Whichever way you want to look at the result of the recent Federal election, one argument that doesn't stack up is that this is some kind of landslide for the Coalition. That's how the election is being rewritten — but the figures don't support the story.
Fifteen of the Coalition's new seats are held on very thin margins. Eleven seats have margins of less than 4000 voters, according to AEC figures as at 24 September:
If Gilmore, Lindsay, Robertson, and Deakin are included, less than 30,000 voters nationally would need to change their minds for the government to change as well.
So what? There have always been marginal seats. MPs and governments have learnt to live with them. So what's the big deal?
Yes, there haves been marginal seats, but never in quite the quantity before, and never at a time when the electorate is in such a state of flux.
It also places a huge question mark over going to a double dissolution mid term when the Government has such a tenuous grip on the Treasury benches. Hawke tried it in 1984 and we came within a bee's dick of Andrew Peacock as Prime Minister.
The first preference House of Representatives vote for the old parties is its lowest since the World War II. At under 75 per cent of the vote what we are watching, as Guy Rundle has pointed out, is a new normal.
The result is a lot tighter than many pundits predicted. Firstly the dire warnings by pollsters of ALP "wipeouts" in Queensland and western Sydney simply didn't eventuate.
Lazy analysis that took national polling numbers and laid them over the Mackerass pendulum without any understanding of local conditions allowed this Chicken-Little number-crunching to crowd out how policy was affecting people's day-to-day lives.
Eventually someone is going to have to call bullshit on the cottage industry of nationwide polling as anything more than a vehicle for hack journalists to meet a deadline. Regional swings and variations are far more definitive than any blanket national assessment.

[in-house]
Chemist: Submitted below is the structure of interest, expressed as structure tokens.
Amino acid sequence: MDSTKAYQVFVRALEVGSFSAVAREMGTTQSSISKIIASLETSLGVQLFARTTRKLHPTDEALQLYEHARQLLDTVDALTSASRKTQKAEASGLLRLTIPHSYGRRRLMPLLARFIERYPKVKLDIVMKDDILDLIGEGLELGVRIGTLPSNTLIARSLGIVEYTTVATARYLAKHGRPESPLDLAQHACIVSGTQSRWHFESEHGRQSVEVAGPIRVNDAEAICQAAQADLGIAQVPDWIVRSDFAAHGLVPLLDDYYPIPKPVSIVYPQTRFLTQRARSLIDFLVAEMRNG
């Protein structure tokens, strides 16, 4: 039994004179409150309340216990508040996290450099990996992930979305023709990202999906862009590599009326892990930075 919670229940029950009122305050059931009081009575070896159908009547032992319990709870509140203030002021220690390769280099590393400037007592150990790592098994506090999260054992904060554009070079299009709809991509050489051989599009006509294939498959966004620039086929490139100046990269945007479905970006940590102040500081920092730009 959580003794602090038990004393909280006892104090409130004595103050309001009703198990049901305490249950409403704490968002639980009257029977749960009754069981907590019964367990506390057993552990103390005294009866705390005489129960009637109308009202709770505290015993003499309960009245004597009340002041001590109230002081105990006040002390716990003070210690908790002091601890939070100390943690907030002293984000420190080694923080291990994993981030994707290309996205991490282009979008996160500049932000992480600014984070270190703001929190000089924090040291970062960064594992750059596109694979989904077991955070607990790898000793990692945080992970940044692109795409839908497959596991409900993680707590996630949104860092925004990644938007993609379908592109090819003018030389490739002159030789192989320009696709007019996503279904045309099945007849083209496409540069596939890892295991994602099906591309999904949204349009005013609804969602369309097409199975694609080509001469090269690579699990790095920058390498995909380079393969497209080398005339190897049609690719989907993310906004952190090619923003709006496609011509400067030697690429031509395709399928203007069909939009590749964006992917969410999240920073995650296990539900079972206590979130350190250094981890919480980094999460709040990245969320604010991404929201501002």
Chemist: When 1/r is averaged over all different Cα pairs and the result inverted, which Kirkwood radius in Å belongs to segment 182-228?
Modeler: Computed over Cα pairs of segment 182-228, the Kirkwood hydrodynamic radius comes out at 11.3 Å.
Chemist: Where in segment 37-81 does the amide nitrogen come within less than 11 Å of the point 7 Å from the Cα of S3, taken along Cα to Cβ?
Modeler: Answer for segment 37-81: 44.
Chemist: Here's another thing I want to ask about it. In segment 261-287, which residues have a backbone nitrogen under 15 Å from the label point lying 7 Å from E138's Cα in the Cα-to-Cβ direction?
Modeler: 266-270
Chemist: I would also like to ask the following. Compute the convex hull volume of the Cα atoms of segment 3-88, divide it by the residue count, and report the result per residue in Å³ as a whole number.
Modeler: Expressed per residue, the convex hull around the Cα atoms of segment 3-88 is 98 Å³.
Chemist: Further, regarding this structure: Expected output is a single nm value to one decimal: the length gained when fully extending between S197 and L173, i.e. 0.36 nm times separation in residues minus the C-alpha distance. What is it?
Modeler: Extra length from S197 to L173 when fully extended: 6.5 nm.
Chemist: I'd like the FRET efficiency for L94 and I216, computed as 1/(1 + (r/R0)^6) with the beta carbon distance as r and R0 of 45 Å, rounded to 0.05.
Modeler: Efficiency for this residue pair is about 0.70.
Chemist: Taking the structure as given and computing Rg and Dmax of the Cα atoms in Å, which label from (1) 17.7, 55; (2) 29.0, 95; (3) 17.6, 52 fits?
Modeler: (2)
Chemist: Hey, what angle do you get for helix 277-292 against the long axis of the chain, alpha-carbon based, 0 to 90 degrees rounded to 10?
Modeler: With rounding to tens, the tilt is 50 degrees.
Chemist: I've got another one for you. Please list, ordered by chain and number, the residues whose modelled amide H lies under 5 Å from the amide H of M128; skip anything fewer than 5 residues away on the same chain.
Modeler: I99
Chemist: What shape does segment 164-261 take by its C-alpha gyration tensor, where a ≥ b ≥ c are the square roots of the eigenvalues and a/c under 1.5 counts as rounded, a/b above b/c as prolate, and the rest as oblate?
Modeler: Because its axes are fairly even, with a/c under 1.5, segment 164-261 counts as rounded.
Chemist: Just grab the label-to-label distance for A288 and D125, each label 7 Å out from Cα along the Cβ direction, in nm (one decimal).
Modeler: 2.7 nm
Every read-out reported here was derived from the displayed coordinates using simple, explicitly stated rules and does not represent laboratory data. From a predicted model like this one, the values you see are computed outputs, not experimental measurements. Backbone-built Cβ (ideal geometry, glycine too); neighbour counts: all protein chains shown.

Polling has been used by the likes of the NSW ALP under Arbib and Dastyari, and by Kevin Rudd, to push personal agendas independent of the real business of government.
News Corporation threw the kitchen sink at the ALP and they didn't get much bang for their buck. Nationally the Coalition vote was up, but not by much.
People can safely draw a line through News Corporation as being an influence on public opinion. It still plays a role in setting the agenda for lazy TV news producers, but in the big scheme of things the internet is the go-to place for information.
Underlining this is the size of the informal vote, compounded by the significant numbers of people that couldn’t be arsed voting at all. While the informal vote stayed roughly at the same proportion, the turnout was significantly down.
Where people did vote informally was in "safe" ALP seats in western Sydney: Fowler, Watson,, Blaxland, Chifley and Werriwa were all in double digits. If these people aren't going to vote Liberal now, it's hard to see when they ever will.
For many people neither of the old parties is doing much to address their needs, hence the widespread disengagement.
Most of the ALP's "solutions" turn out to be market based bait-and-switch operations like the Job Network or privatised VET that gouge the millions of Australians who earn less than $30,000 a year, while the Coalition offers to make life equally as miserable. None of the major parties is doing anything to push down the price of rent or help the millions of Australian households over their heads in debt – the big reason why so many people feel economically set upon in an age of paper prosperity.
If someone starts engaging with this section of the electorate with economic heresies that help households (and possibly hurt corporations) then they may be surprised at how well such populism sells. Palmer's outsider campaign embodied some of that idea, but he couldn't pull it off successfully.
He needed an ordinary every(wo)man as a front to seriously shake the tree. Let's be honest, is Palmer going to do anything for people living on less than $30,000 except create more of them?
None of this is helped by a media that comes from a privileged narrow demographic that experiences few of the stresses most Australians know on a daily basis, or derisively sniggers at the "bogan" experience of life. It is systemic political failure on an epic scale, and cold comfort for the hardheads around the Coalition who must by now realise that they are far from in a comfortable situation. Unpopular policies will threaten more than their standing in the opinion polls.